Medication details

  • Medication type: Pain relief, Sedative, Anti-seizure
  • Form: Liquid, Capsule, Tablet
  • Prescription required? Yes
  • FDA approved? No
  • Life stage: All
  • Brand names: Neurontin, Therapentin, Gralise, Horizant
  • Common names: gabapentin
  • Available dosages: The most common dosages used in veterinary patients are 100 mg and 300 mg capsules. Other dosages include 400 mg capsules; 300 mg, 600 mg, and 800 mg tablets; and 50 mg/ml suspension. The suspension is not typically prescribed to dogs because it often contains xylitol.
  • Expiration range: 2-3 years from date of manufacture

Although gabapentin was initially developed as a human drug, it is now used to treat a variety of conditions in pet dogs, including seizures, pain, and anxiety. The clinical benefits of gabapentin, combined with a low risk of side effects, have made it a commonly-prescribed medication in many veterinary practices. 

What is Gabapentin?

Gabapentin was initially developed in 1975, as a treatment for seizures in humans. The brand-name version of the drug, Neurontin, was approved by the Food and Drug Administration (FDA) in 1993. Nearly ten years later, in 2002, Neurontin was also approved for the treatment of post-herpes nerve pain. 

Over time, gabapentin became a commonly-utilized medication in veterinary practice. It is prescribed by many veterinarians throughout the United States to treat a number of different conditions. Like in human medicine, gabapentin may be prescribed for the treatment of seizure disorders and nerve pain in dogs. Gabapentin can also be used to treat other types of chronic pain in dogs, including arthritis and cancer pain.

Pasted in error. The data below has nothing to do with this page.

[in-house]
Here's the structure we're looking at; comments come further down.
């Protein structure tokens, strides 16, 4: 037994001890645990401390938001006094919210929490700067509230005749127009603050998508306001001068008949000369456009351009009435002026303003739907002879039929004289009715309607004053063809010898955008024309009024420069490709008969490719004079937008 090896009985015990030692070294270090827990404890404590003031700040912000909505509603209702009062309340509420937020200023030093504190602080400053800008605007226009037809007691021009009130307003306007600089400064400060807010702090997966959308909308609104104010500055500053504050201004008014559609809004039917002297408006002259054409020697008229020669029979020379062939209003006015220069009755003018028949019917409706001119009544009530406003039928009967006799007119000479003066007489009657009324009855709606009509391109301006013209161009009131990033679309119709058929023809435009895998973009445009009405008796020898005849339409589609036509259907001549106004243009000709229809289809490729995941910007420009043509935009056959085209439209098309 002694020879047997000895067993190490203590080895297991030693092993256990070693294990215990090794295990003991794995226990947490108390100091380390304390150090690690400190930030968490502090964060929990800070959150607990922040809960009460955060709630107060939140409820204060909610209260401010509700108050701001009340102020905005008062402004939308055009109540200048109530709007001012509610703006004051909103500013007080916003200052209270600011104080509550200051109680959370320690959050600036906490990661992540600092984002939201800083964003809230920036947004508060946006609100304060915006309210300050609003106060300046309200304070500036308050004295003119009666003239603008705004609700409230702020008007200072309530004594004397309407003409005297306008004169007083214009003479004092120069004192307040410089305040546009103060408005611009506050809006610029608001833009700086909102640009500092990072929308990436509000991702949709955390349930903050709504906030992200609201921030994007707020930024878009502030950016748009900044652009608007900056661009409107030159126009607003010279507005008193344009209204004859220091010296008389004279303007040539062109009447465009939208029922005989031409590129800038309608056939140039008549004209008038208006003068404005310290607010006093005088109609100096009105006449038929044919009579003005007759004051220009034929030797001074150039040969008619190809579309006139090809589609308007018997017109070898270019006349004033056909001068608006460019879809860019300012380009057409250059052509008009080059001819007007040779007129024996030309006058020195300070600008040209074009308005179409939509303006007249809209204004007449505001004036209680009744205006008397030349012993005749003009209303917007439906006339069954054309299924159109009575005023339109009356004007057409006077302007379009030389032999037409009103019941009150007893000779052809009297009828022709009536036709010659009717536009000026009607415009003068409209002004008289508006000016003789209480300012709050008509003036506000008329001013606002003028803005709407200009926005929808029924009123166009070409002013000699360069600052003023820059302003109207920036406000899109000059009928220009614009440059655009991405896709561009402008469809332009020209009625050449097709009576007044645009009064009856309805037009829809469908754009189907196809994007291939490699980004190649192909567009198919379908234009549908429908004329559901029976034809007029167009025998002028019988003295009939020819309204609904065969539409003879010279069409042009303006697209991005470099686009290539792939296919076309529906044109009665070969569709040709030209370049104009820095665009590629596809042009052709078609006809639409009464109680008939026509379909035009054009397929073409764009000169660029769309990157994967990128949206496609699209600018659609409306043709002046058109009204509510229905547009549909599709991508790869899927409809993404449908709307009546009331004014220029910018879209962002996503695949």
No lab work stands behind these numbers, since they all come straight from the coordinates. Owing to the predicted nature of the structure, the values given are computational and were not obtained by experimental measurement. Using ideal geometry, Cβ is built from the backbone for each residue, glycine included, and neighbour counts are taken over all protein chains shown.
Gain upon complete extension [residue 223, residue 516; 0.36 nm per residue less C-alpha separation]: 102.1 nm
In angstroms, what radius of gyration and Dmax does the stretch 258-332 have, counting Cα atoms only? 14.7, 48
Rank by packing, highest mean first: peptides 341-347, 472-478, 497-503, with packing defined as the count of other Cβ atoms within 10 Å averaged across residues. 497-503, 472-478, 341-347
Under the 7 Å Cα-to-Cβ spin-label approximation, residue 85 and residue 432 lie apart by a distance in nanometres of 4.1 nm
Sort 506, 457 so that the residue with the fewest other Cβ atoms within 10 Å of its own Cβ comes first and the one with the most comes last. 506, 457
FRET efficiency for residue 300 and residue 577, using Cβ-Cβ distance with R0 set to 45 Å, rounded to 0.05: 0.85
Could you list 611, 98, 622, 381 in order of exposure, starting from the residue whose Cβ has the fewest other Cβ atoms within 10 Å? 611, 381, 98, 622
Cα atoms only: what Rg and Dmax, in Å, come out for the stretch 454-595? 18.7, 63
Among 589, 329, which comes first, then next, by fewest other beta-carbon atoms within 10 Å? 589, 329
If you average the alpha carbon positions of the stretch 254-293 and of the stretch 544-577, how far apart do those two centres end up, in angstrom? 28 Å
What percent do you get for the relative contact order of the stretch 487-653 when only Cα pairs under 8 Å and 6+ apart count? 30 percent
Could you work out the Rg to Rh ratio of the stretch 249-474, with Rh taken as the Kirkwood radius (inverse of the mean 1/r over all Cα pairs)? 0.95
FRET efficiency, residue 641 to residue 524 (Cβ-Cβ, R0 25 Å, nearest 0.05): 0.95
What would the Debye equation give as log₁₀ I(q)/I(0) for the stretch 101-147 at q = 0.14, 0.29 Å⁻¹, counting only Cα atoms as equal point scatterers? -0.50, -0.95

In addition to prescribing gabapentin for seizures and pain, veterinarians observed that gabapentin can alleviate situational anxiety in dogs. This medication is now commonly prescribed for pets that become anxious during veterinary visits and other high-stress situations.  

What Does Gabapentin Look Like?

Gabapentin in bottle on shelf

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Gabapentin is available in a variety of formulations. The most commonly-used formulation in veterinary medicine, however, is a small capsule. This capsule is typically white or yellow in color, although some capsules may be a combination of white and yellow. Gabapentin is also available as a tablet, which may be white or another color. 

Gabapentin liquid, although available, is rarely prescribed for dogs. Many liquid formulations contain xylitol as an artificial sweetener. While this sweetener may improve the taste of gabapentin for human patients, xylitol is toxic to dogs. If your veterinarian requires a liquid formulation of gabapentin, your veterinarian may be able to prescribe a xylitol-free formulation, which can be compounded specifically for your dog. 

How Does Gabapentin Work?

Gabapentin is structurally similar to GABA (γ-aminobutyric acid), a neurotransmitter that performs chemical signaling within the brain. This similarity may account for its actions, although we don’t know the exact mechanism by which gabapentin influences a dog’s brain and spinal cord. 

Gabapentin’s effects on the brain decrease seizure activity, alleviate anxiety, and can cause mild sedation (at higher doses). Gabapentin’s actions on the spinal cord decrease the sensation of pain, by interfering with the transmission of pain signals. 

What Is Gabapentin Used For in Dogs?

Dog with anxiety on floor